We spoke with Erik Weihenmayer, one of the world’s most amazing athletes. Weihenmayer’s message of relentless empowerment and optimism is contagious – especially if you ever have the honor of speaking with him. His attitude also sheds light on how he claimed the title of the first blind person to summit Mt. Everest, which is arguably (and incredibly) one of his less impressive accomplishments.
Besides kayaking the Colorado River and climbing Mt. Huntington, Erik Weihenmayer is changing thousands of lives through his No Barriers programs. No Barriers, No Barriers Youth, and No Barriers Warriors are dedicated to helping people overcome the barriers in their lives – whether those are physical, emotional, psychological, socioeconomic, or otherwise. In the second part of this exclusive interview, Weihenmayer shares his perspective on his famous Everest climb, his inspiration, the loss of his eyesight, and the personal importance of No Barriers.
Innovation & Tech Today: Tell us about planning your Everest trip. What was your first thought when you reached the summit?
Erik Weihenmayer: It was one of the most fulfilling things I’ve ever done – a No Barriers moment. As far as preparing for the trip, one of the most important things was finding someone to lead the team. That person was Pasquale Scaturro. He’s been to the Himalayas a bunch of times, and he had great connections there. And he believed in this. Pasquale used to have dreams of us summiting Mt. Everest. He would wake up with tears in his eyes. He knew if he could get me to the summit, it would be the most challenging thing he had ever done. It inspired me because I knew there were a lot of people who wouldn’t touch our project with a ten foot pole.
It was a good lesson on the kind of people who you want to surround yourself with. The key to this type of achievement is finding the right people and going through the preparation process.
I think by the time I got to Everest, I was more prepared than most people on that mountain. I also had a team of good friends. Nobody on the team was paid to be there. We were just a group of guys that wanted to take care of each other.
When I finally got to the summit with my team, it really overwhelmed me how much everyone really stepped up. The National Federation for the Blind sponsored us, so it was really an achievement for blindness. What some people don’t know is that 70% of working age blind people are unemployed to this day. And those in the Federation really stepped up and helped us – car washes, bake sales, and more. When I attended their yearly event in Atlanta, 5,000 blind people gave me a standing ovation. I was so proud to be a sort of symbol for them.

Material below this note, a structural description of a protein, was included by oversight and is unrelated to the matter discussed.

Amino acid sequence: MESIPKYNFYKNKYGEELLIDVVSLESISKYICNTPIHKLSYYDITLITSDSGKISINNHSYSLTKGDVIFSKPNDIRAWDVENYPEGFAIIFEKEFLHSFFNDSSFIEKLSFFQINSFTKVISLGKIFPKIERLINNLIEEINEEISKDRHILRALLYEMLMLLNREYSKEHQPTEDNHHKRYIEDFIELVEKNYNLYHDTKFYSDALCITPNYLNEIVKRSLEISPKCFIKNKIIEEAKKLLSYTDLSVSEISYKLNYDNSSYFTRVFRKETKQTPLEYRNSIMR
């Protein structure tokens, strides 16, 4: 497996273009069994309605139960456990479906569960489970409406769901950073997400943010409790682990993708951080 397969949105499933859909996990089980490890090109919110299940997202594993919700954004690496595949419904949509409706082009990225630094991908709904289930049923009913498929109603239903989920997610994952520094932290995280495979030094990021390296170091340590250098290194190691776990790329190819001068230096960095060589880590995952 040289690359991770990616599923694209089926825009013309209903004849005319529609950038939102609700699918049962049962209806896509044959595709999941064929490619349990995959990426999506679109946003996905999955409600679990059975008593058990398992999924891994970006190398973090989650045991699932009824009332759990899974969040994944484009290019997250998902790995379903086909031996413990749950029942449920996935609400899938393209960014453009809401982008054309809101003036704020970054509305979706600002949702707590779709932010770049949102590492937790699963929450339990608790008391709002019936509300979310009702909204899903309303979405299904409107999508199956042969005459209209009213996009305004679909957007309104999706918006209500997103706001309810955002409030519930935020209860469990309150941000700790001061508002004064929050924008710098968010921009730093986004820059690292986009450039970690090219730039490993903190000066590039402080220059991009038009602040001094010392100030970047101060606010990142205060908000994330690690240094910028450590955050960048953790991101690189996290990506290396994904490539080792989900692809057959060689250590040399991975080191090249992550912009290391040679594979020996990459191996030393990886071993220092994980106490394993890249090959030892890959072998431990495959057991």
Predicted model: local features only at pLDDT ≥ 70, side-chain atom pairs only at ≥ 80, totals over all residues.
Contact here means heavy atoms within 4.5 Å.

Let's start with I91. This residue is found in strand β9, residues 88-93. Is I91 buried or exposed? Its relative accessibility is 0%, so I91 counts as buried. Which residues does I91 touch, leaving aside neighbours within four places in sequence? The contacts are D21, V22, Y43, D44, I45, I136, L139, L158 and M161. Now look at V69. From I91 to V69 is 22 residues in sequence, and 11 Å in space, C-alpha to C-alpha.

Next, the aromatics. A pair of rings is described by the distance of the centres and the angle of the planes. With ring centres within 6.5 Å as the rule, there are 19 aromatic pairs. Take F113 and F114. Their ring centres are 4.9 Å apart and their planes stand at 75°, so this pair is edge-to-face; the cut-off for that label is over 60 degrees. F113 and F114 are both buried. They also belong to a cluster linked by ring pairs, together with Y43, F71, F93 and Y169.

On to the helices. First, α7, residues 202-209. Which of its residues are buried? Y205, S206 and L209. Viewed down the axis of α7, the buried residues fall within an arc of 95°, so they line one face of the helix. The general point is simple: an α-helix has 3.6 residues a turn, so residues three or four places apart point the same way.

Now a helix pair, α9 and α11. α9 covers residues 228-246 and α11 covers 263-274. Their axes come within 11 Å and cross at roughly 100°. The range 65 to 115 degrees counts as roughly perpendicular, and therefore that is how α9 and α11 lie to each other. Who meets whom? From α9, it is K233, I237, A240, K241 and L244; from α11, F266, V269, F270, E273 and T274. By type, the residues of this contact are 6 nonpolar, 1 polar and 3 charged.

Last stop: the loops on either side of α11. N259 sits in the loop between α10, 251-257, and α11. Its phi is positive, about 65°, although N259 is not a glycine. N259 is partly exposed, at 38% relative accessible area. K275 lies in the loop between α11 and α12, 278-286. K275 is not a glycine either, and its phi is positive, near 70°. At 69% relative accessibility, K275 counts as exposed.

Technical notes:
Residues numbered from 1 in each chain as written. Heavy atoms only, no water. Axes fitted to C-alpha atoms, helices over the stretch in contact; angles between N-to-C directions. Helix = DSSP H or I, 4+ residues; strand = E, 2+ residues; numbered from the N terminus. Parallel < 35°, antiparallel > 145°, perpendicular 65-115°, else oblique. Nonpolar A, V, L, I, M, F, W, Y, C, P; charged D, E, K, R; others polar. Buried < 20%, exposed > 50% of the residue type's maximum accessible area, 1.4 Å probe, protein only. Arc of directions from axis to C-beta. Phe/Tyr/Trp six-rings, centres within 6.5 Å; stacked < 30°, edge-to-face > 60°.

I&T Today: It sounds like the camaraderie of the team and overcoming adversity is a big part of the experience – not just getting to the top.
EW: Absolutely! The success of the climb is all about doing things well and together. I was climbing with Mike Gibbs on Mount Huntington recently. Mike and I have been climbing since the 90’s. (We are all on the over 40 team. I think Dave Schuman is 45. I’m 46, and Mike is 48. We’re all the old farts!) When you are hanging on that bivy, you take your crampons and boots and hang them so carefully. You really have to strap it in. If you lose a boot up there, you are so hosed!
I&T Today: You guys are like The Expendables.
EW: [Laughs.] We are like that!
I&T Today: Who inspires you, Erik?
EW: Definitely my parents. I’m very lucky to come from a family where both my parents were adventurous. My dad was a Marine; he flew A4s in Vietnam. My dad would have gotten an exemption from the draft because he graduated from Princeton, but he signed up. My mom also had an adventurous spirit. She travelled the world for her business.
There was a show called That’s Incredible! I used to watch when I could still see a bit out of one eye. I loved it. It was always something scientific or out of this world.